Advanced Micro Devices (NYSE: AMD)launched its highly publicized server processor on Monday, hoping its new chip, featuring four cores, can help it regain ground lost to larger rival, Intel Corp (NASDAQ: INTC).
Sunnyvale, Calif.-based AMD upgraded its Opteron line of processors with technology know as quad-core, allowing a single chip to effectively do the work of four. The processor, which was dubbed Barcelona during development, is a component of powerful servers used by data centers and workstations.
The chip's arrival marks the largest upgrade to the company's lineup in years, but AMD's entry into the quad-core market comes later than competition. The chip is coming 2 months after its own scheduled release date, and nearly a year after rival Intel began releasing quad-core chips.
Intel now has nearly 20 different quad-core solutions, including processors for servers and desktops. Last week it announced 6 more versions.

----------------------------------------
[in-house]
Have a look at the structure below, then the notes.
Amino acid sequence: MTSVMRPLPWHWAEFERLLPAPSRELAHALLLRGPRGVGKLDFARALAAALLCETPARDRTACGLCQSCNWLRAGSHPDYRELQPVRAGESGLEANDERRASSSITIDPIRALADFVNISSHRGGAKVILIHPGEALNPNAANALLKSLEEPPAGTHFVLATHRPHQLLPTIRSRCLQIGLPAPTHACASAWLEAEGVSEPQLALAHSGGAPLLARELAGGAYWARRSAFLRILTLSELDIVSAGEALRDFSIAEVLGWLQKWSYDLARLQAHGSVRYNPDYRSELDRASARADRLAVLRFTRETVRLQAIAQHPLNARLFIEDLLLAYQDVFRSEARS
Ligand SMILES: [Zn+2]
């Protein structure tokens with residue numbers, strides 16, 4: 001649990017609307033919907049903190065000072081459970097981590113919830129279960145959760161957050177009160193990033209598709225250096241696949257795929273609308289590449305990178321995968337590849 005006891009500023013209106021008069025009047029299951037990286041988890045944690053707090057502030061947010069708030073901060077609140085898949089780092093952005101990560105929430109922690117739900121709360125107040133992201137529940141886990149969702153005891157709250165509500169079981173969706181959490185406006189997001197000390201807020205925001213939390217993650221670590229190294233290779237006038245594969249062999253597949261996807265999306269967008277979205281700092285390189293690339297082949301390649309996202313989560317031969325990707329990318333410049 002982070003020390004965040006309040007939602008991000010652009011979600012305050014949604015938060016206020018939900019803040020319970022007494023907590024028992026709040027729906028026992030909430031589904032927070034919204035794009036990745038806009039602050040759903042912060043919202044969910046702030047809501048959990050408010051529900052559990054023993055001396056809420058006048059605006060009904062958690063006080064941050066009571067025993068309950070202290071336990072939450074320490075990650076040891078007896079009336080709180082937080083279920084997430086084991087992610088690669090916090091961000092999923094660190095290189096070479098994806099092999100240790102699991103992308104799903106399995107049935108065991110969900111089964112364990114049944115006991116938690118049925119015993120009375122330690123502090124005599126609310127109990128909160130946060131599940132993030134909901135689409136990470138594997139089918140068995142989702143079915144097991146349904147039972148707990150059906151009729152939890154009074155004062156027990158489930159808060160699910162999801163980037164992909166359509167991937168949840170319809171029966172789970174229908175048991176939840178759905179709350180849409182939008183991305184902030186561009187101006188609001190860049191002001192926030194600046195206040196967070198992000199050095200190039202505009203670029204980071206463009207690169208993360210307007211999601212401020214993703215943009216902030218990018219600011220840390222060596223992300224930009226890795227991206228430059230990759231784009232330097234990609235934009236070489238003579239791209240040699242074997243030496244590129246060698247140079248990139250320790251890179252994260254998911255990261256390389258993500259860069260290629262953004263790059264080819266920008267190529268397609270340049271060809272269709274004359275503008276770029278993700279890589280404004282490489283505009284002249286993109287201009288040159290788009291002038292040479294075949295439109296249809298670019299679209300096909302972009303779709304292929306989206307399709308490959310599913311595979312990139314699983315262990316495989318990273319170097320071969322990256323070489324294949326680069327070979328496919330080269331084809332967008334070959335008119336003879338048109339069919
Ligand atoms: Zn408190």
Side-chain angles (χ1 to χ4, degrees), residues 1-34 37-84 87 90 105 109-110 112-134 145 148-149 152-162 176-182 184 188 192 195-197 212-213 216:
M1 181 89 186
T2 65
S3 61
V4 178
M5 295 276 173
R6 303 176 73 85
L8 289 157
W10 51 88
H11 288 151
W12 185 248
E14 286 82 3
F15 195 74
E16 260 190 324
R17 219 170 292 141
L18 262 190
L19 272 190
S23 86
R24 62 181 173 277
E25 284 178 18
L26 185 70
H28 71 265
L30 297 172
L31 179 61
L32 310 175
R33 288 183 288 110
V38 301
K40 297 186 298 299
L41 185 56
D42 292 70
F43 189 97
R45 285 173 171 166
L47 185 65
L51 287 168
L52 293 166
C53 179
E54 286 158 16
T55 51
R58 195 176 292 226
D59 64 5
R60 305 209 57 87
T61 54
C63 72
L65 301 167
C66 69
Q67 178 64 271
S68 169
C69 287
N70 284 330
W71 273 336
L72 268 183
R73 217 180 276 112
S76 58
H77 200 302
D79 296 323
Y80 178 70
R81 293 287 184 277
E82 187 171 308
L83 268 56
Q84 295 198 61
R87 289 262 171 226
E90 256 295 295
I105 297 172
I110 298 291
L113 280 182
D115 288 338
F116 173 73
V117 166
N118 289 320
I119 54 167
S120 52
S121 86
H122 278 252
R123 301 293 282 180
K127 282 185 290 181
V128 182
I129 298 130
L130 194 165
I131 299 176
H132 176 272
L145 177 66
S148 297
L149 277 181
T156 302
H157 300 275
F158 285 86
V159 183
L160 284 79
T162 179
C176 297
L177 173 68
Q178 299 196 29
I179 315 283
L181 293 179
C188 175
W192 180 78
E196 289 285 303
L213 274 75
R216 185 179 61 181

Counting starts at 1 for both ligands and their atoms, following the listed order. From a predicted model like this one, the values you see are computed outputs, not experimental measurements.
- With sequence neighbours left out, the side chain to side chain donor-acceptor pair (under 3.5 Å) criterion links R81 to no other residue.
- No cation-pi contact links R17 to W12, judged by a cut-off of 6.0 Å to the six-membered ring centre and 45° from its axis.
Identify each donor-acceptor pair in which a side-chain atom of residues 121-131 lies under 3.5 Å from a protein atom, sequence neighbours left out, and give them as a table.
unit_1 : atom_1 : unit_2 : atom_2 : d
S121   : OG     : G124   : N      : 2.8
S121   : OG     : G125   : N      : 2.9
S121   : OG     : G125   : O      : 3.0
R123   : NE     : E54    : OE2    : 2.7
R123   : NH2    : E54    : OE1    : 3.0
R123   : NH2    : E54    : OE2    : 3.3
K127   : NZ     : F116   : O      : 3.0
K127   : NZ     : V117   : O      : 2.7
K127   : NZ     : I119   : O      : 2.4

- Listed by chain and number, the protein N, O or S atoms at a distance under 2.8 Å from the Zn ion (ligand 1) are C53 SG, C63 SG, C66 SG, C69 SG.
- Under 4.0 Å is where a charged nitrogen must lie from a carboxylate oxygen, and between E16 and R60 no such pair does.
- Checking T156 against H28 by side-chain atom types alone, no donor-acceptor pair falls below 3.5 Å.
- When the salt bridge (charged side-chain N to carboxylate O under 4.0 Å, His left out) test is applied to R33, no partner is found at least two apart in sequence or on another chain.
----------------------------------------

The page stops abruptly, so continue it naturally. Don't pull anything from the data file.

The companies take different approaches to delivering multi-core performance, however. Intel's chip is actually a package of two-chips with two cores in each, while AMD places all four core's on a single piece of silicon.
Intel's approach to doing quad core is essentially focused on maximize yields and not having to do any kind of specialized design for one market, Dean McCarron, principle analyst at Mercury Research said.
While AMD's approach may lead to performance gains, especially in certain types of applications, the success of the chip may depend on the pricing, McCarron explained.
Intel's method allows them to minimize manufacturing costs. They sacrifice some theoretical performance doing that, but if you can offer performance at a at a certain price, what's going on inside doesn't matter.
Intel raised its third-quarter revenue outlook on demand for its microprocessors, now expecting revenue between $9.4 billion and $9.8 billion, up from its previous range of $9 billion to $9.6 billion.
AMD's late-arriving chip has been anticipated by some partners, however. Lucasfilm, which already uses servers that run on AMD chips, said it will upgrade its data center servers in San Francisco and Singapore with the new quad-core processors.
Shares of AMD surged on today's announcement, gaining 48 cents, or 3.83 percent to $13.09 on the New York Stock Exchange. Intel fell slightly, shedding 2 cents, or .08 percent to $25.45 by mid-day.